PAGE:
This piece was written for a commentary on the BBC World Service Business Daily about Jerry Yang’s decision to resign as CEO. Back in the early days of the World Wide Web there was really only one name. Yahoo. You could tell it was big because it was what you’d type in your browser to see if your computer was connected to the Internet. Without fail: Yahoo.com. It’s been around since 1994, since Jerry Yang and David Filo, two grad students at Stanford, built a list of interesting websites, a sort of yellow pages for the Internet. They called it, first, Jerry’s Guide to the
Aaron Koblin – Work some very cool visualisations of data–and surprising sources, including 8000 people drawing sheep for two cents on Mechanical Turk. Go figure (tags: web visualization interaction inspiration dataviz map) Yahoo! Glue – Web Search interesting multiple search and virtual page creation tool from Yahoo–but available only via the Indian domain, apparently (tags: yahoo tools search india) AllofMe | Put yourself together Automatically create a Personal Timeline of your Life from any digital assets you have, such as pictures, videos, blogs, documents, or any internet page. (tags: web2.0 timelines socialsoftware socialnetworking)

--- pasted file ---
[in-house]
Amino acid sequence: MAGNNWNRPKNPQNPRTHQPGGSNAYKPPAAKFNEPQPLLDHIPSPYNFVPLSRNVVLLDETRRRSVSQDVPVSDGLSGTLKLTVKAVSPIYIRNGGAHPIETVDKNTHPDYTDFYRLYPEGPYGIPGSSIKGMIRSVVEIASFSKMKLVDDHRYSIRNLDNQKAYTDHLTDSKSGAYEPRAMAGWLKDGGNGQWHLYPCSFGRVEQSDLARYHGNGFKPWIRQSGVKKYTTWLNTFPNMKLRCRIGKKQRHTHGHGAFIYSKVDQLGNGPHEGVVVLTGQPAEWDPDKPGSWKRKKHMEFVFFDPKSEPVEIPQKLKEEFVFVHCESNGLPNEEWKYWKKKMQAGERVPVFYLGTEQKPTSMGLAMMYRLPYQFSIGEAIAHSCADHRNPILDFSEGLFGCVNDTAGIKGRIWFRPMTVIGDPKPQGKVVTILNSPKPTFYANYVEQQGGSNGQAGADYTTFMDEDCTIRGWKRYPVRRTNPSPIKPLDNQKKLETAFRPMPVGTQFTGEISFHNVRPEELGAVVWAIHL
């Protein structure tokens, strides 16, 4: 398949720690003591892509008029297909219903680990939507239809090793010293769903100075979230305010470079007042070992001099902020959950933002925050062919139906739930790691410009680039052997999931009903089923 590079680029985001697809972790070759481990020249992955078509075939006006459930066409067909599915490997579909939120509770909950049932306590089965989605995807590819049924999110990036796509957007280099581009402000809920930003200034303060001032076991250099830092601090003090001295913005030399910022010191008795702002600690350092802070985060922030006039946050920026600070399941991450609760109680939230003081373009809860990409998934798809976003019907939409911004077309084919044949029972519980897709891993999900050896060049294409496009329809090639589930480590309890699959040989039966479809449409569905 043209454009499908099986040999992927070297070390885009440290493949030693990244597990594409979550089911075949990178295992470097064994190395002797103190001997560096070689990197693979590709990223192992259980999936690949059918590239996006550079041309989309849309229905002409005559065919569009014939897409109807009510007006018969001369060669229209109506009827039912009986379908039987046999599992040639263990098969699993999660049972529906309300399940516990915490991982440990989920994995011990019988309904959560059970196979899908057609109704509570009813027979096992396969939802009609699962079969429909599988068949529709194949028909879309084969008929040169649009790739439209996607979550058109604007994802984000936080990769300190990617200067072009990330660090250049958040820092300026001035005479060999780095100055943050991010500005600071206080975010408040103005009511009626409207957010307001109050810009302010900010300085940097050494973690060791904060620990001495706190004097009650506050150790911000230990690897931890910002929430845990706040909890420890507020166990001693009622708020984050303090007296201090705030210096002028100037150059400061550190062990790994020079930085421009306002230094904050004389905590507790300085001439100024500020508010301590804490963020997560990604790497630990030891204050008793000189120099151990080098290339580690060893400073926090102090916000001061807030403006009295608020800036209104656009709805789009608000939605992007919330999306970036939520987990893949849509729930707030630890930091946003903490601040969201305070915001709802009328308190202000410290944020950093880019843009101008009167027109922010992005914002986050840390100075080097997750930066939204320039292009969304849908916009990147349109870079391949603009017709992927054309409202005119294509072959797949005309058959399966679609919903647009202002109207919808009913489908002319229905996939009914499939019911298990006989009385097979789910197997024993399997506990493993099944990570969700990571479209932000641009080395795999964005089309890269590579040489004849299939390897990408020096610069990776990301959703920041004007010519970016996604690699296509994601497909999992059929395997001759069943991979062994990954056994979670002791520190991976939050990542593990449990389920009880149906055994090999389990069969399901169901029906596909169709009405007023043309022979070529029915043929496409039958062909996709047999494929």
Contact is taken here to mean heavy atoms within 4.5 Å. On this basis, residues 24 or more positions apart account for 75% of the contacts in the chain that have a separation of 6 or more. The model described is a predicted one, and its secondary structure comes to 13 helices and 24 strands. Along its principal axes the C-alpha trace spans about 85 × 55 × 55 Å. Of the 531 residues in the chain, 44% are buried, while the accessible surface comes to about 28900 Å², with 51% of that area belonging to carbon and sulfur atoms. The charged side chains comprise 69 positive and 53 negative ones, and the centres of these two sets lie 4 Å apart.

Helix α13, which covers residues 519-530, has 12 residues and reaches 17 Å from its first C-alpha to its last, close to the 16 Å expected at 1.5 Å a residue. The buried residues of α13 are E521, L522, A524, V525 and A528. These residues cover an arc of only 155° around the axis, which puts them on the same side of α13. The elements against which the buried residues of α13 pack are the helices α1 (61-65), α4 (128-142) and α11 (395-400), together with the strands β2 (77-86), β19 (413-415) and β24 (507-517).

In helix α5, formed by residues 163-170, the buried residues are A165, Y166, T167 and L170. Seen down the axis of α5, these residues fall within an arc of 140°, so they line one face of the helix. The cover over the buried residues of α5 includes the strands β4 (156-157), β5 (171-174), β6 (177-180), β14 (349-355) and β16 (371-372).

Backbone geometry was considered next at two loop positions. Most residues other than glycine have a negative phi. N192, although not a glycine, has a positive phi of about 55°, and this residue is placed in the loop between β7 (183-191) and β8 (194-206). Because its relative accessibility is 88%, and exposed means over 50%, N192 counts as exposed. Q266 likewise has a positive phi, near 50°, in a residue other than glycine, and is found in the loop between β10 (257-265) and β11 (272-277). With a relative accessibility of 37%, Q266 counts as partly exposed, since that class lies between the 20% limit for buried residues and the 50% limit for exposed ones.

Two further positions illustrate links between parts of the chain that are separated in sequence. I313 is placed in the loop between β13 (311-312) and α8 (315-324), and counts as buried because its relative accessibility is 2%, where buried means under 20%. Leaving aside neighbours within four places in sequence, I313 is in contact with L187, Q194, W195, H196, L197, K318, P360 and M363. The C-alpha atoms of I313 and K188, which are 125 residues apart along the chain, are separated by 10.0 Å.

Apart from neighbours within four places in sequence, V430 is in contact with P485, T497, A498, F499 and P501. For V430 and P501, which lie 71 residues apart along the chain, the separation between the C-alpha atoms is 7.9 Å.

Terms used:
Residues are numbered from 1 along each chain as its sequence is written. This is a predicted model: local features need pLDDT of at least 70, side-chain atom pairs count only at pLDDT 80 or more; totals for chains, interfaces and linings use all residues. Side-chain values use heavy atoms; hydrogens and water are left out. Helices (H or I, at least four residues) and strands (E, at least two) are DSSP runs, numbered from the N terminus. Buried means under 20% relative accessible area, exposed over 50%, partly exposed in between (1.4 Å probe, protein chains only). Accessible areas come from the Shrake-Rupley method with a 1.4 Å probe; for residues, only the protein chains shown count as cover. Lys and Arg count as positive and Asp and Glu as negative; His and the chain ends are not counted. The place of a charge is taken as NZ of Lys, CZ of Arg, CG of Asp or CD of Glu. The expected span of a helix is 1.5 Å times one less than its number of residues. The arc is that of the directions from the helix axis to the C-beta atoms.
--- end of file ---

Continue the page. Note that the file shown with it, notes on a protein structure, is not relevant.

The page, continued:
There’s a new search engine out there, according to the Guardian, and it sort of tries to figure out what you’re looking for. Which is good. Google searches are great so long as they’re simple. But is Powerset up to snuff? Here are some searches I did (betraying my interests): Pretty good stuff. And how about me? Even less obvious matches seem to work: Also right on the money. Nixon got second place when I asked who was the first u.s. president to resign? which is good enough: Other searches tho — how many copies of Office 2007 has Microsoft sold? and how far is
This week in the WSJ.com (subscription only, I’m afraid) I wrote about web spam — the growing penetration of faux websites that ride up the search engines and muddy the Internet for all of us. I based it around the recent case of subdomain spam, well documented by the likes of blogs like Monetize. Briefly websites controlled by one Moldovan hit the high rankings on several major search engines using techniques that are imaginative, but not exactly beyond the intelligence of savvy search engine builders. It’s not as intrusive as spam in your inbox but it’s trashing the web and undermining the usefulness of search
To accompany my column this week on podcasting (which will appear here when it’s out; subscription only I’m afraid), here’s a directory of podcast directories (and search engines), in no particular order: iPodder Podcast Alley iPodderX PodNova Podcast.net Podcast Central Blast Podcast Potkast The Podcast Network PodcastHost Directory PodTower.com PublicRadioFan.com Podcast Directory Podcast Pickle Podcasting News directory PodCasterWorld Podfeed.net PodFeeder BritCaster AllPodcasts podCast411 Experience Podcasting PenguinRadio Some are better than others. Depends what you’re looking for. I’m sure there are more: Please feel free to add.